The Houston Astros may soon find themselves in trouble with Major League Baseball again. This time for an electronic sign-stealing scheme the club is accused to have used during its World Series-winning 2017 season, a scheme that one former Astros pitcher is now talking about on the record.
Mike Fiers, who pitched with the Astros 2015 to 2017, was among four people with the Astros at the time who described to The Athletic’s Ken Rosenthal and Evan Drellich a system in which at least two Astros — a hitter on the team and a coach — set up a camera in the outfield that was focused on opposing catchers. Astros players would watch the other team’s signs on a video monitor near their dugout and then clank on a garbage can to signal what pitch was coming.
The belief, according to the Astros sources The Athletic spoke with, was that other teams were already engaged in high-tech sign stealing, so the Astros involved were trying to create their own system.
We know this to be at least partially true. Electronic sign-stealing is something that is an issue all around Major League Baseball, almost certainly more than the common fan knows. In 2017, the Boston Red Sox and New York Yankees were both fined by MLB after a story broke in which the Red Sox were using an Apple Watch in the dugout to relay signs from their video-replay team. The Red Sox’s defense was that the Yankees were doing it too, and after an MLB investigation, both teams were fined.
This didn’t turn into MLB Spygate, however. Baseball, by and large, is OK with sign-stealing as a form of gamesmanship. If a team figures out another team’s signs through old-fashioned methods, that’s OK by the league. But if a team is using technology or has illegal electronics in the dugout, that’s where the league steps in.
In this case, the Astros announced Tuesday afternoon that they had begun an investigation alongside MLB.
The most surprising part about this may be Fiers’ decision to speak out publicly — particularly given a baseball culture that generally expects such things to remain unspoken and for teams to carry out their own justice. Fiers admits he had already told the Tigers and A’s, the teams he played for after the Astros, about Houston’s system.
“I just want the game to be cleaned up a little bit because there are guys who are losing their jobs because they’re going in there not knowing,” Fiers told The Athletic. “Young guys getting hit around in the first couple of innings starting a game, and then they get sent down. It’s (B.S.) on that end. It’s ruining jobs for younger guys. The guys who know are more prepared. But most people don’t. That’s why I told my team. We had a lot of young guys with Detroit (in 2018) trying to make a name and establish themselves. I wanted to help them out and say, ‘Hey, this stuff really does go on. Just be prepared.’”
“I told the teams I was on, I didn’t know how far the rules went with MLB, but I knew they (the Astros) were up to date, if not beyond,” said Fiers, who became a free agent on Dec. 1, 2017. “I had to let my team know so that we were prepared when we went to go play them at Minute Maid.”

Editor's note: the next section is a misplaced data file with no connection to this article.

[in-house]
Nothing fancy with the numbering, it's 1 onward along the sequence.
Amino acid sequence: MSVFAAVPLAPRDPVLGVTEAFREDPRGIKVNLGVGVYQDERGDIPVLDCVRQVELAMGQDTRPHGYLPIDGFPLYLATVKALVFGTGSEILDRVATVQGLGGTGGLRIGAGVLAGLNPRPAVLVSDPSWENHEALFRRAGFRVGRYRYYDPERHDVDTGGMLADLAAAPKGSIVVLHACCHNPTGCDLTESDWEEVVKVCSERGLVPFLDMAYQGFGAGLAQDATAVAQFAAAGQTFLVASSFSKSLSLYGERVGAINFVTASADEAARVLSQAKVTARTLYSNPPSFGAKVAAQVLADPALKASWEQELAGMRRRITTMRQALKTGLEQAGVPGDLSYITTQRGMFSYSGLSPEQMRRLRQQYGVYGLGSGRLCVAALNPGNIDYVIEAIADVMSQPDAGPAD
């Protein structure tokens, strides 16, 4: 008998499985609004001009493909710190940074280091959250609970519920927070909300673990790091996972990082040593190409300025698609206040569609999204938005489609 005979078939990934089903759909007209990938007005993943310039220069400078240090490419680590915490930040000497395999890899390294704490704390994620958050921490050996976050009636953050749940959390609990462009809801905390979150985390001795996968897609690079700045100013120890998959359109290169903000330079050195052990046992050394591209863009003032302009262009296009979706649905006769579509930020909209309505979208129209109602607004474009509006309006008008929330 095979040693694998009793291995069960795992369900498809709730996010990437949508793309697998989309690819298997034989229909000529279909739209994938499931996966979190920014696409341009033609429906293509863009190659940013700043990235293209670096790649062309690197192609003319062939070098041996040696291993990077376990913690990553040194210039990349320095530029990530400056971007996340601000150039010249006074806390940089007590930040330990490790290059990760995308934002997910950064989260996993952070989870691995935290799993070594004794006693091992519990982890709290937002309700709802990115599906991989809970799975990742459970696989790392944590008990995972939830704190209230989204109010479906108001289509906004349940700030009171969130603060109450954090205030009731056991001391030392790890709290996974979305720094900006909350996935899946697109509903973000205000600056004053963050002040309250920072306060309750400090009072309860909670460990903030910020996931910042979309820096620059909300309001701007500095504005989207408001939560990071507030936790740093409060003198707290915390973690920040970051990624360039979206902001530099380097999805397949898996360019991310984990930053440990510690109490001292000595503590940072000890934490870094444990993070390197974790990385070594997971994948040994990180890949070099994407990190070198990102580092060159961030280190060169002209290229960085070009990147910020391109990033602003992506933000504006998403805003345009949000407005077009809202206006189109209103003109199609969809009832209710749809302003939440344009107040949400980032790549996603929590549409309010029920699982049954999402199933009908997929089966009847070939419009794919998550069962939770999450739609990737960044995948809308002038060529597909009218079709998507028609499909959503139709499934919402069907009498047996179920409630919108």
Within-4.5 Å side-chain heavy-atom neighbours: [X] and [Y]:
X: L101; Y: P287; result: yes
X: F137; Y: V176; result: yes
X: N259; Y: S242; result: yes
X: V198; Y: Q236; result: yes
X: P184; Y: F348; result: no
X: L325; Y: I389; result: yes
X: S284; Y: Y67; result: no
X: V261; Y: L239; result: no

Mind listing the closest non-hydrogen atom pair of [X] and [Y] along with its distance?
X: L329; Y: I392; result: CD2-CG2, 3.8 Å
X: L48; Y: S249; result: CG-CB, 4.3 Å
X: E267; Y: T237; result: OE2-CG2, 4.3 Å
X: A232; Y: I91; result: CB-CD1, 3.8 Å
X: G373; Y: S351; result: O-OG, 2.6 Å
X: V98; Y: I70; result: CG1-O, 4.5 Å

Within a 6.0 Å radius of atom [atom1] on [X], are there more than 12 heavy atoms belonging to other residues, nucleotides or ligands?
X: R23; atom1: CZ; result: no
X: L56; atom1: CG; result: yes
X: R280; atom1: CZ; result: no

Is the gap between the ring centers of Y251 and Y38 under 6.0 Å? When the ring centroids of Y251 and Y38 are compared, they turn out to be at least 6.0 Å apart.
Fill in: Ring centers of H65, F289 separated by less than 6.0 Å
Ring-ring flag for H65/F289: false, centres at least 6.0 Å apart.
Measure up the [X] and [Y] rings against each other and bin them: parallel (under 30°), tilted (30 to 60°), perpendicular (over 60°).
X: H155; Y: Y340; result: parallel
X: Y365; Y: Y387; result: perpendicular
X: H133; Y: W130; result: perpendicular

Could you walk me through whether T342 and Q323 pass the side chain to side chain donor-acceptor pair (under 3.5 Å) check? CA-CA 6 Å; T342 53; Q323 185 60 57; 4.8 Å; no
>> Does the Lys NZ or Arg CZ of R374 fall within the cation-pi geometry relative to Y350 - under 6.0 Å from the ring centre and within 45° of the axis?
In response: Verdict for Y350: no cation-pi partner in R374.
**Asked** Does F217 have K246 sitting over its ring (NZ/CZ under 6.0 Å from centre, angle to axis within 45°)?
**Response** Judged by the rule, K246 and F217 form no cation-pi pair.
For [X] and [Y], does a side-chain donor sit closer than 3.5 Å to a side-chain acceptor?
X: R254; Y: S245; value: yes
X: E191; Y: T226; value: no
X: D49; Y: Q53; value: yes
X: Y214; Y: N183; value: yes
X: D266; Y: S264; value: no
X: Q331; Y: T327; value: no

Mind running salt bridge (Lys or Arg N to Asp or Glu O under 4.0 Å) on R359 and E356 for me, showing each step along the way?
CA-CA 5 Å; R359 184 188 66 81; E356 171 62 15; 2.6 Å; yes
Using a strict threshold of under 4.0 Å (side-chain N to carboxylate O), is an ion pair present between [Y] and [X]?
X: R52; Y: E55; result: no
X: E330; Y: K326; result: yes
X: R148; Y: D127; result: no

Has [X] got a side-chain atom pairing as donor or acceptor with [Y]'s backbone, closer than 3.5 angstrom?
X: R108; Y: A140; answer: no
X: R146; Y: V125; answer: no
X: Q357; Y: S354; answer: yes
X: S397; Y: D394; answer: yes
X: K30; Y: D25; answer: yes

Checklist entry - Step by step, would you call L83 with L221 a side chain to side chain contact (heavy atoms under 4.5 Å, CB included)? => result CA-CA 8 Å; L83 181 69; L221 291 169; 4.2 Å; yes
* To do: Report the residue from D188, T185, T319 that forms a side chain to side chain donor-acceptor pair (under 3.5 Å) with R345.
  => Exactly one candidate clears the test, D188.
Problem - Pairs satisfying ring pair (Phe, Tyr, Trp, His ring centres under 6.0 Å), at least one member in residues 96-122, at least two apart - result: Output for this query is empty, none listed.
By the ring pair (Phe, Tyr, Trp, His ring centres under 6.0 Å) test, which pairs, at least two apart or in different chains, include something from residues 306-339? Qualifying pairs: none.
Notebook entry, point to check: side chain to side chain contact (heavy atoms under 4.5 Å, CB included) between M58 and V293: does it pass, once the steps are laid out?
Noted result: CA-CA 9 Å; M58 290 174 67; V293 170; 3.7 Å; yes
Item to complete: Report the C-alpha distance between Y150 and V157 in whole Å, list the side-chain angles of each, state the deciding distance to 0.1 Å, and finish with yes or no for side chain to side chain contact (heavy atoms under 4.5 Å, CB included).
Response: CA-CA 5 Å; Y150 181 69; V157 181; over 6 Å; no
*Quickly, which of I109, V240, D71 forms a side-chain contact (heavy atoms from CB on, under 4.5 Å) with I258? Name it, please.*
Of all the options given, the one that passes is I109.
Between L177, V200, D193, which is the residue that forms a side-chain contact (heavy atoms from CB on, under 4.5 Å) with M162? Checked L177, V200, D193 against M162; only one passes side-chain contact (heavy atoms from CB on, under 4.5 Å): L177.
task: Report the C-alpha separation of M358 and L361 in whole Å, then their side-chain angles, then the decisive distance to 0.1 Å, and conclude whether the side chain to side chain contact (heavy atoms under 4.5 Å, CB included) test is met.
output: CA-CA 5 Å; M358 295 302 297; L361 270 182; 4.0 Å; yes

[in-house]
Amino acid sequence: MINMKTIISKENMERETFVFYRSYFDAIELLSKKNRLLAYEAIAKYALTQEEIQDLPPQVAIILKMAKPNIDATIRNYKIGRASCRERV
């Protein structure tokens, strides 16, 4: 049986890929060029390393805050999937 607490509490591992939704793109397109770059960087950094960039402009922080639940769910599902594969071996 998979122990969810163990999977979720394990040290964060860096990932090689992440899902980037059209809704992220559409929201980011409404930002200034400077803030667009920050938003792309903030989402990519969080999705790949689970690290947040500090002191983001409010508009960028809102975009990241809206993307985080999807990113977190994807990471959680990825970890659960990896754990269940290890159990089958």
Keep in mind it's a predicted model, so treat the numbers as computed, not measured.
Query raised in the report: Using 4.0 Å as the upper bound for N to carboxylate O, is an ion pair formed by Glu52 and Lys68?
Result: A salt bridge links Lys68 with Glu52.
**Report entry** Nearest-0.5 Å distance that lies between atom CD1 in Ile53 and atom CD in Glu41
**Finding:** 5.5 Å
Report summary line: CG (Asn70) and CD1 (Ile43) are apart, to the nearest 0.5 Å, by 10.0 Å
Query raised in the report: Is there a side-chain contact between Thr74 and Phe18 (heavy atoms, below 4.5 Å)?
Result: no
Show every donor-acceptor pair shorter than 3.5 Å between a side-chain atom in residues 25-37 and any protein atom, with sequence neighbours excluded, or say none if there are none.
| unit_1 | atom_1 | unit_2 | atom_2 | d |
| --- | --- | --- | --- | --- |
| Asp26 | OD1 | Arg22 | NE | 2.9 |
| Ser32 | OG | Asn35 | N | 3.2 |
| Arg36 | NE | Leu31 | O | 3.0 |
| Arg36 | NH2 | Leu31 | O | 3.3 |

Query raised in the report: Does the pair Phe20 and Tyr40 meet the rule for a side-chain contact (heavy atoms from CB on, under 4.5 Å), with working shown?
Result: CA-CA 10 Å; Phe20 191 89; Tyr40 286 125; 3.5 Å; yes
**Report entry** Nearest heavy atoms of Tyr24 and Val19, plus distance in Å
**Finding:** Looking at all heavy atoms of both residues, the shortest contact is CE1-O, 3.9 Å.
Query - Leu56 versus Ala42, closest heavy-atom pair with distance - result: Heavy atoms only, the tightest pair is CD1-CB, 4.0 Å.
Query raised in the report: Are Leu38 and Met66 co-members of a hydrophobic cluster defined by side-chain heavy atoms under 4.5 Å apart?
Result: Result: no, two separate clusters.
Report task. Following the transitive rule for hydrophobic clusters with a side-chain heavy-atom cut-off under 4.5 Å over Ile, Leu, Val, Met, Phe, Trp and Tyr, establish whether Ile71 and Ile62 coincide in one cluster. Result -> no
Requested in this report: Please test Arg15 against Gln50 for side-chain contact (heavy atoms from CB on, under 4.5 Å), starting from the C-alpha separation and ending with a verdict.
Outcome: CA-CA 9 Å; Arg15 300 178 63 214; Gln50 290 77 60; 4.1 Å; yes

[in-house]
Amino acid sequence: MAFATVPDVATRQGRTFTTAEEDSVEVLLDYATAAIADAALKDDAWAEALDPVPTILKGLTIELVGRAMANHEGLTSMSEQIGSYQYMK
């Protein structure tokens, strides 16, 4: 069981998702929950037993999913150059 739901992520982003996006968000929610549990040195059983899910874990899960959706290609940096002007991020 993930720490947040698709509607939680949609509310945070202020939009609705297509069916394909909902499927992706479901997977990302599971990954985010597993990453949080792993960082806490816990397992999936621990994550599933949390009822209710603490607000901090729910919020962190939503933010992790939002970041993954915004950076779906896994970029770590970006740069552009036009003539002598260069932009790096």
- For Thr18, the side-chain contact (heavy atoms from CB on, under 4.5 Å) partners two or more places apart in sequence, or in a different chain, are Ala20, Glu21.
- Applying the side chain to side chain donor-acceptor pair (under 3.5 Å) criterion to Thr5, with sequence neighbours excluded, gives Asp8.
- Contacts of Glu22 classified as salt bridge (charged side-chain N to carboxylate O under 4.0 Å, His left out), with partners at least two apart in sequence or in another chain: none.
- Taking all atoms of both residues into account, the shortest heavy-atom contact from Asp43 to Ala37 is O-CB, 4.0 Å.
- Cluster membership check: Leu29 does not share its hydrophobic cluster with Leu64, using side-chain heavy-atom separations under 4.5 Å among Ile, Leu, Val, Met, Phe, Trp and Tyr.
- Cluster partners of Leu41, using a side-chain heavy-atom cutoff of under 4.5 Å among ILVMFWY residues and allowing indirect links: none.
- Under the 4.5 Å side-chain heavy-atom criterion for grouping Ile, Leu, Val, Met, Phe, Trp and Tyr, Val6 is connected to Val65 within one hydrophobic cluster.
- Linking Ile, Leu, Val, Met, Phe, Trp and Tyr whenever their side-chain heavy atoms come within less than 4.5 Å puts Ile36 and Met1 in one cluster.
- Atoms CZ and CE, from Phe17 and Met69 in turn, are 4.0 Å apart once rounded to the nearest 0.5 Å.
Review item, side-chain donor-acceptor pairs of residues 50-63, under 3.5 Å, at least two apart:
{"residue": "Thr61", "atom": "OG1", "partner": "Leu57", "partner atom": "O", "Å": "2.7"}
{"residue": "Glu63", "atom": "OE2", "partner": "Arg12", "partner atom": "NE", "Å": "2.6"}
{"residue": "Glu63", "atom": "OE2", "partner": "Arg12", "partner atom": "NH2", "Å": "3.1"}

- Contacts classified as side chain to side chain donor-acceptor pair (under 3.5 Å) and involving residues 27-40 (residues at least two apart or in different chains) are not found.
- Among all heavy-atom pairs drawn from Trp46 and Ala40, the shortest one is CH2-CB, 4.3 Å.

One important note, per The Athletic’s story, is that the Astros stand accused of this sign-stealing scheme during the regular season, but there is debate whether it continued into the postseason. One source, The Athletic wrote, was adamant it did not happen during the postseason while another remembered the garbage-can signal before a postseason homer. World Series games at Minute Maid Park, The Athletic reports, may have been too loud for the Astros to even use their garbage-can-banging system.
We know the Astros were accused of improper surveillance another time, too. In October 2018, a man credentialed by the Astros was spotted taking pictures in the dugouts of the Cleveland Indians and Boston Red Sox. He was removed by security in both cities. In a Yahoo Sports story at the time, Jeff Passan wrote that two MLB players had witnessed the Astros using a garbage can to relay signs.
This past October, the Astros were again accused of sign-stealing by an opponent.
MLB took new measures prior to the 2019 season to make their sign-stealing rules more current with the times. Players can still try to figure out signs from second base, but the league outlawed outfield cameras, put all broadcasts in the clubhouse and bullpens on an eight-second delay and limited live broadcasts to each team’s replay official.
The Athletic writes that MLB could use its investigation into fired Astros assistant general manager Brandon Taubman to see what else it can learn about the sign-stealing accusations. Taubman was the Astros exec fired in October after taunting a reporter in regards to closer Roberto Osuna, who was arrested in 2018 for domestic violence.
The question now for the Astros is whether this 2017 sign-stealing scheme will earn significant punishment since it came before the new rules were implemented. The question for MLB and its 29 other teams is whether there’s proof the Astros continued these practices into the 2019 season.
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